Religious Certainty is a Dangerous Weapon

May 25, 2010

People often enjoy the feeling of certainty. This pleasant emotional state is similar to other artificially induced euphorias. It can be addictive, and self-destructive. Worst of all, it can turn a person into a threat to the rest of society. 

When a person is floating in the enfolding warmth of certainty, it can feel like nothing can challenge you or harm you. You don't have to pay any attention to what is going on around you, or what other people are trying to tell you. It is very relaxing. Your mind just goes into neutral since no thinking is needed, just the pure contemplation of your inner certainty.

I've heard people say, "Why worry about it, when people high on certainty only affect themselves and their brains suffer no permanent damage." Maybe if only a few people did it then there's no problem. But what if vast numbers of people, millions or billions of people, were all doing it? And what if all this certainty affected their public behavior to the point where they try to tell others that they are wrong, and then they try to manipulate and control other people's lives?

We don't have to speculate what would happen -- this situation is called "Religion."

Why would anyone who preferred world peace and harmony encourage any sort of certainty, including religious certainty?

Well-meaning pacifists are tempted to bend over backwards to accommodate whatever religious people want, including their certainty. We can read a recent essay by philosopher Andrew Pessin defending certainty . Pessin says that religious people should embrace a paradox, that one can feel certain about each professed belief of their faith, yet also admit that some may yet be wrong. Pessin thinks that it is just fine for religious people to enjoy the certainties of their faith. He also hopes that a vague confession of general fallibility (we are only human, after all) would take the edge off and make the world safer. He says,

"My ultimate hope, then, is that world peace will break out when enough people simply acknowledge the paradox."

Peacemakers are noble, yet people like Pessin are just enablers supporting the abuse of a dangerous drug. Embrace a paradox? Should we encourage religious people to be more irrational? Embracing paradoxes (rather than creatively resolving them or getting beyond them) is simply a refusal to think when faced with a logical problem. "Embrace the paradox" is precisely what theologies urge when they have no more answers, but demand blind faith in creeds all the same.

The core problem is that Passin is distorting the meaning of "certainty." And that's why he only confuses his real point: religions should embrace doubt and fallibility.

Certainty makes no room for any doubt or fallibility. See the Oxford English Dictionary on "certainty":

"The quality or state of being subjectively certain; assurance, confidence; absence of doubt or hesitation; as a matter of certainty, beyond doubt, assuredly."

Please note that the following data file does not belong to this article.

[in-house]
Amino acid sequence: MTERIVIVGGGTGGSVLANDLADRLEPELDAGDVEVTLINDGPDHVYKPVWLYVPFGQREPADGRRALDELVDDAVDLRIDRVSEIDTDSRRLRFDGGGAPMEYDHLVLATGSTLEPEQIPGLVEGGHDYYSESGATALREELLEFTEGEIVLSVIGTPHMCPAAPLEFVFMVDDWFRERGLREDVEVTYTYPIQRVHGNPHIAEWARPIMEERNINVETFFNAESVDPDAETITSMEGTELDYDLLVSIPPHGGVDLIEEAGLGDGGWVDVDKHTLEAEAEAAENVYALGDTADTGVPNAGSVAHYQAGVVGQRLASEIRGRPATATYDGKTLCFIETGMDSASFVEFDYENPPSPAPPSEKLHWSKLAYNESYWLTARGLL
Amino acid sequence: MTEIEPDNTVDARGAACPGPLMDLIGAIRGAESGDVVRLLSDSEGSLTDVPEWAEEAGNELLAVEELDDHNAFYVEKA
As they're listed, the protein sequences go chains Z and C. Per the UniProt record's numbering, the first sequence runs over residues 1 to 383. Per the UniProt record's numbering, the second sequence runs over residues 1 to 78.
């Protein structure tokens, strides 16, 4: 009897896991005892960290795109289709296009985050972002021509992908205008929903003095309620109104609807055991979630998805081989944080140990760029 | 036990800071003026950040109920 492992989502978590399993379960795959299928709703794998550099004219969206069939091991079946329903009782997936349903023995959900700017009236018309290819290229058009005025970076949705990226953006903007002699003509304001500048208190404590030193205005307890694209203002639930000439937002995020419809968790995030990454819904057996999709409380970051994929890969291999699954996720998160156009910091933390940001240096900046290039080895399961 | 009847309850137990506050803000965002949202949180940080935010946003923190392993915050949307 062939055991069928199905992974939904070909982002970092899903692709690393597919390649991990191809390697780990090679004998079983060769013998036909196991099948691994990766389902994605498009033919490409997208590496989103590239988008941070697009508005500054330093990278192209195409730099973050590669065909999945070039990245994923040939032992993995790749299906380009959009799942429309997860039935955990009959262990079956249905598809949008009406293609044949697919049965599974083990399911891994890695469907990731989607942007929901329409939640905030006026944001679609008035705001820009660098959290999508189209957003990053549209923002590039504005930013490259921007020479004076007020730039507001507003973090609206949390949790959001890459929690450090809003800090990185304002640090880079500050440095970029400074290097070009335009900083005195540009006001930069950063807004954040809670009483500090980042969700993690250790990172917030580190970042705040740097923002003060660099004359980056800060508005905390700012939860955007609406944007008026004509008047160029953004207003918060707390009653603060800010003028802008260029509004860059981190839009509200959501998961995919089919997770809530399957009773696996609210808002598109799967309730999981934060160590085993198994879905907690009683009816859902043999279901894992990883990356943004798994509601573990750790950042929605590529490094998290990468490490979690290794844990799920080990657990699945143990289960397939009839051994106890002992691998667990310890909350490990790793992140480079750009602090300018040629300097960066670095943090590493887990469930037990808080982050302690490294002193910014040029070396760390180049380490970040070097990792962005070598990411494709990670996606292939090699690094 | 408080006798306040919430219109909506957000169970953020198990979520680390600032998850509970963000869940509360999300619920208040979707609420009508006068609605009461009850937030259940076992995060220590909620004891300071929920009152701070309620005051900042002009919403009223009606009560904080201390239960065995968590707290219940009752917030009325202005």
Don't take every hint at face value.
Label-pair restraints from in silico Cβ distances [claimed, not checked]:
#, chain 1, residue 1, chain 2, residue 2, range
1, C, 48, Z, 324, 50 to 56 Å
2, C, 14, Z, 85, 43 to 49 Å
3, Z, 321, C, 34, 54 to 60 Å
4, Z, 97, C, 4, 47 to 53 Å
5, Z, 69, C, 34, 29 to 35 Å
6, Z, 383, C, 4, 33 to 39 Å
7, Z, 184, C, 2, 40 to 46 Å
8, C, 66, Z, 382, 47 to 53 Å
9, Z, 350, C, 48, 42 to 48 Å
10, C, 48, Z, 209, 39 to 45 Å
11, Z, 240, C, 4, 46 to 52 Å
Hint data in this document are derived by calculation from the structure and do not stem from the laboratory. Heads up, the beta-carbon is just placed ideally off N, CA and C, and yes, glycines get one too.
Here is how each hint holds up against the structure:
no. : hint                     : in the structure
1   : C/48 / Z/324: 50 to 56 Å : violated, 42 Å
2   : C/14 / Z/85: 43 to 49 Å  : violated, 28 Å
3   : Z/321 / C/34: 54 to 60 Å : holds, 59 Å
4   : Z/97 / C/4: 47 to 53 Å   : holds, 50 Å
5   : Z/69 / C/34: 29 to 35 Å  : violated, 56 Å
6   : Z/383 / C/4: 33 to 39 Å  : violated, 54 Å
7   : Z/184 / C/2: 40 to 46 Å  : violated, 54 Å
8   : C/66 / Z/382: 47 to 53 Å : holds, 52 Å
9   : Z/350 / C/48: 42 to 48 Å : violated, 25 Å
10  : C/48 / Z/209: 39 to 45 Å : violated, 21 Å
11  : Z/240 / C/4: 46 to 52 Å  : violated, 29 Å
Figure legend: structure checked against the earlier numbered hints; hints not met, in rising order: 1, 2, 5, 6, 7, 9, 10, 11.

Whatever psychological state Pessin is recommending, it is not certainty. Does this next paragraph from Pessin make any clear sense at all?

"You can simultaneously be certain that Christianity is true and everything conflicting with it is false, and yet acknowledge that you may be wrong without taking away your certainty. You can thus keep your certainties without having to claim that you are, in fact, and grossly implausibly, infallible."

If you feel utterly confused by this paragraph, why then, you just have to embrace the paradox!

We can agree that religions can start down the road of recovery by admitting doubt and fallibility. But that fresh start depends on first admitting that one has a problem with the drug of certainty. If religious people get to the point where Pessin wants them to be, they must surrender certainty. They can't be permitted to enjoy certainty over any of their creeds. The paradox cannot be embraced. There is no way around it -- you will not get more religious people to listen to you when you first bow down to their faith. You won't teach them anything. They already "know" that they are right, and they don't need you. And they won't stop killing.

There is a different paradox within religion that could help with world peace. Religions are fond of telling nonbelievers that God is very mysterious and beyond any empirical confirmation. God isn't standing around waiting to be discovered like a lost continent. Well, if God is so mysterious, how could anyone feel that they deserve complete certainty about God? This paradox of divine mystery and human knowledge can be surmounted: creatively embrace some vagueness and fallibility. The liberal religions and religious naturalisms go beyond this paradox in a thoughtful way, quitting certainty and going on a healthy diet of humility. Science made this step centuries ago, liberating itself from rationalistic metaphysics and dogmatic theology. More religions can do it to, if we all demand a change.